Wednesday, October 15, 2014


This is my reflection on my learning from the Ulearn 2014 conference. In my previous post I talked about my thoughts around the first keynote from Yoram Harpaz. Here are some of the other highlights for me.

Tom Barratt talked about fostering questions and how our reactions to them can either encourage them or close them down. This fits well with the idea of fostering an inquiry disposition. We all know how many questions pre-schoolers ask but by the time they reach upper primary school many of them have stopped. We need to make sure nothing we say or do contributes to this but instead makes questions and wonderings an expected part of what goes on in classrooms. As Tom put it, we need to "encourage students to be resilient questioners of the world."

Yoram Harpaz spoke about how education is always in crisis because we expect to achieve too much. This leads to us always looking for saviours. Teaching thinking was the saviour for a while, currently it is digital technology.  He didn't seem to have a high opinion of digital technology but that is another story. 

He talked about the three elements of thinking:

  • thinking skills
  • thinking dispositions
  • thinking for understanding
To find out more about his thoughts on this read his paper 'Back to Knowledge: The Ironic Path of Teaching Thinking". Just as he believed we must choose one ideology, he believed we had to choose one way to teach thinking and he believed that was by teaching thinking for understanding. Part of his reasoning was that we can only think well in areas we understand therefore teaching for understanding should be the focus which does make sense to me. 

However, even though I agree that teaching for understanding is really important and is one of the main reasons I believe in an inquiry approach to teaching, I still think there is a place for explicit teaching of skills in context. Teaching dispositions is also important, although probably the hardest of the three to develop. In my opinion the skills and dispositions support the development of understanding, just as when we teach reading we teach that meaning is essential but there are skills and strategies that need to be used and we foster the love of reading. 

In my next post I will talk about my thoughts around the breakouts from Lane Clark and Mike Scaddan.

Wednesday, October 01, 2014

Social Media as a Professional Development Tool

October is Connected Educator month and so I have set myself a challenge to write a blog post at least once a week during October. I'm starting with a post that I think is very apt - talking about about social media as PLD. 

Online communities are great sources of information and support and in recent times have reached a sort of tipping point where the numbers of educators involved has taken them into the realms of more mainstream PLD. Where once it was rare to find teachers who tweeted or were involved in online communities, it is now becoming almost the norm. 

It won't be long before the unconnected teacher is the exception rather than the rule. More and more teachers are realising that it is not only their students who need to be capable, connected, actively involved, lifelong learners.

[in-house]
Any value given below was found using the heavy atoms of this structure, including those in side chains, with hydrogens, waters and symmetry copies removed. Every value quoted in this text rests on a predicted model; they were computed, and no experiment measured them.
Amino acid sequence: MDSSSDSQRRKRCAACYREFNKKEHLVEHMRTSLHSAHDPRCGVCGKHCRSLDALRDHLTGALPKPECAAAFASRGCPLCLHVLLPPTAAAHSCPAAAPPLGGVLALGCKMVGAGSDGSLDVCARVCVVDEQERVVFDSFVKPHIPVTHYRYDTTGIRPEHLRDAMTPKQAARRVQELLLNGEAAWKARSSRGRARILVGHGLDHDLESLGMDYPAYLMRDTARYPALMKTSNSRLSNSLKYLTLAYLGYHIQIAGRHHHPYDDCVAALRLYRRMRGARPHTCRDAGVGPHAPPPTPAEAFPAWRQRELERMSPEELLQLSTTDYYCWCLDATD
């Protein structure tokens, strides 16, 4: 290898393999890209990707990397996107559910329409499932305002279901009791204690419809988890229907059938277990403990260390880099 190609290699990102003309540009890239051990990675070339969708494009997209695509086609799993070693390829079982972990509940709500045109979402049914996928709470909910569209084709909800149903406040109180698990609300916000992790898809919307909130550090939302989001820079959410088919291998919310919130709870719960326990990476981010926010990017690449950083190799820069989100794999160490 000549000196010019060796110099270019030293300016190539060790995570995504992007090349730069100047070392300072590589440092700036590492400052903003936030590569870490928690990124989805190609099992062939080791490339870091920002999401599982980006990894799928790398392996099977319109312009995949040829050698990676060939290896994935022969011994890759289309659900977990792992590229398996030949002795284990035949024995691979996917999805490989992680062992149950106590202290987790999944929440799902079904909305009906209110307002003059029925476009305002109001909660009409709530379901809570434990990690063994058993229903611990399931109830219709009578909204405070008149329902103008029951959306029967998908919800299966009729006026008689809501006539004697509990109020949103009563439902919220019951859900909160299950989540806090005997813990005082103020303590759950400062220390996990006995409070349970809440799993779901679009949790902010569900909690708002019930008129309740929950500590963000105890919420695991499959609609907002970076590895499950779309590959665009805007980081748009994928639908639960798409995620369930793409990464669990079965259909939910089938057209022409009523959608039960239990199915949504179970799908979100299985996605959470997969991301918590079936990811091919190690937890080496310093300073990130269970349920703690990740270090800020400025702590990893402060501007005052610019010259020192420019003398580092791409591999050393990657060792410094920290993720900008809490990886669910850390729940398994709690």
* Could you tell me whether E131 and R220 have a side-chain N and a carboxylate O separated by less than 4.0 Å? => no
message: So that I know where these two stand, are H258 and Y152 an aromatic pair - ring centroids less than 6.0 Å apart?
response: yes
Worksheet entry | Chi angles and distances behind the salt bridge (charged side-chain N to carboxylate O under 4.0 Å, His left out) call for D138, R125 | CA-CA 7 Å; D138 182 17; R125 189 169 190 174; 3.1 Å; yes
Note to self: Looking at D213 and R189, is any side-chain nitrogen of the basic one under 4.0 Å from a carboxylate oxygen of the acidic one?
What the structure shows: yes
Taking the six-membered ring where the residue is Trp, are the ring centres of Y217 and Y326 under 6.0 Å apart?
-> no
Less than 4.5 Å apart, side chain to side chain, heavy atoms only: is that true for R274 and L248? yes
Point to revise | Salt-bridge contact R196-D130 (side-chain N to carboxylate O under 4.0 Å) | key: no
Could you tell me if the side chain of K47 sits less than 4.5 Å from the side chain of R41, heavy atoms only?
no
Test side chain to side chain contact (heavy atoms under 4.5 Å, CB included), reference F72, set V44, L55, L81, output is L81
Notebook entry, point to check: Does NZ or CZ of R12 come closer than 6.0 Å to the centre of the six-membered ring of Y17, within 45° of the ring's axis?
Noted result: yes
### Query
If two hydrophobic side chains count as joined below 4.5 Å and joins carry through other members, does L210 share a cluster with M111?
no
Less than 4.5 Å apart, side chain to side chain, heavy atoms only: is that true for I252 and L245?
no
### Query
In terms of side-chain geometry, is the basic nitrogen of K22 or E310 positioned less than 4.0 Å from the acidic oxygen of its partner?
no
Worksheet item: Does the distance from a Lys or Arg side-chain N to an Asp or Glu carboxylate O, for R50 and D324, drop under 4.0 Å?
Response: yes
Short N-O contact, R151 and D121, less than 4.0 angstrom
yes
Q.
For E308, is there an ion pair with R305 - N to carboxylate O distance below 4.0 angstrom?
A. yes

So why are these online communities gaining popularity? Well for a start they are virtually free, other than the cost of the data and the device to access them. And let's face it, most people already have an internet-capable device.

Secondly, you will be interacting with educators from a wide range of backgrounds from diverse communities. You can just lurk and read what others have to say or take the next step and make a contribution, ask for help or even answer someone else's question.

How connected are you? You can take this survey to find out. I was 2 points off being a Web Celeb, maybe blogging a little more frequently will bump me up. What will you do this month to bump up your score and help you become a more connected educator?

My challenge to you in Connected Educator month is to sign up and attend at least one event. The great thing is that you don't even need to leave home to do it. Then join at least one online community, whether it be Twitter (suggested educators to follow - I am @jkellow), the VLN or an education-related Facebook group like my Inquiry group, EdudemicEdutopiaTED Talks or Te@chthought

Or follow some educators on Pinterest and start your own Pinterest boards, get the Pin it extension for your browser and start pinning sites that interest you to your boards. You can check out my boards here and see what is possible.

Or maybe you could start your own blog. Many teachers already have a class blog and this is a good place to start but you could also start a personal blog to reflect on your teaching or share your own learning with others. You might even get some feedback. 7 Reasons Why Teachers Should Blog. You could also follow some of your favourite educational bloggers. See the sidebar for some of my favourites or to follow this blog. 52 Educational Bloggers to Follow

While you are at it, why not get your school connected if it isn't already. Lots of schools are now using Facebook and Twitter to connect with parents. Creating a Dynamic Facebook Page for your School 

So go on, dip your toes in the water, take the plunge and make new connections. You'll soon find out which ones work for you.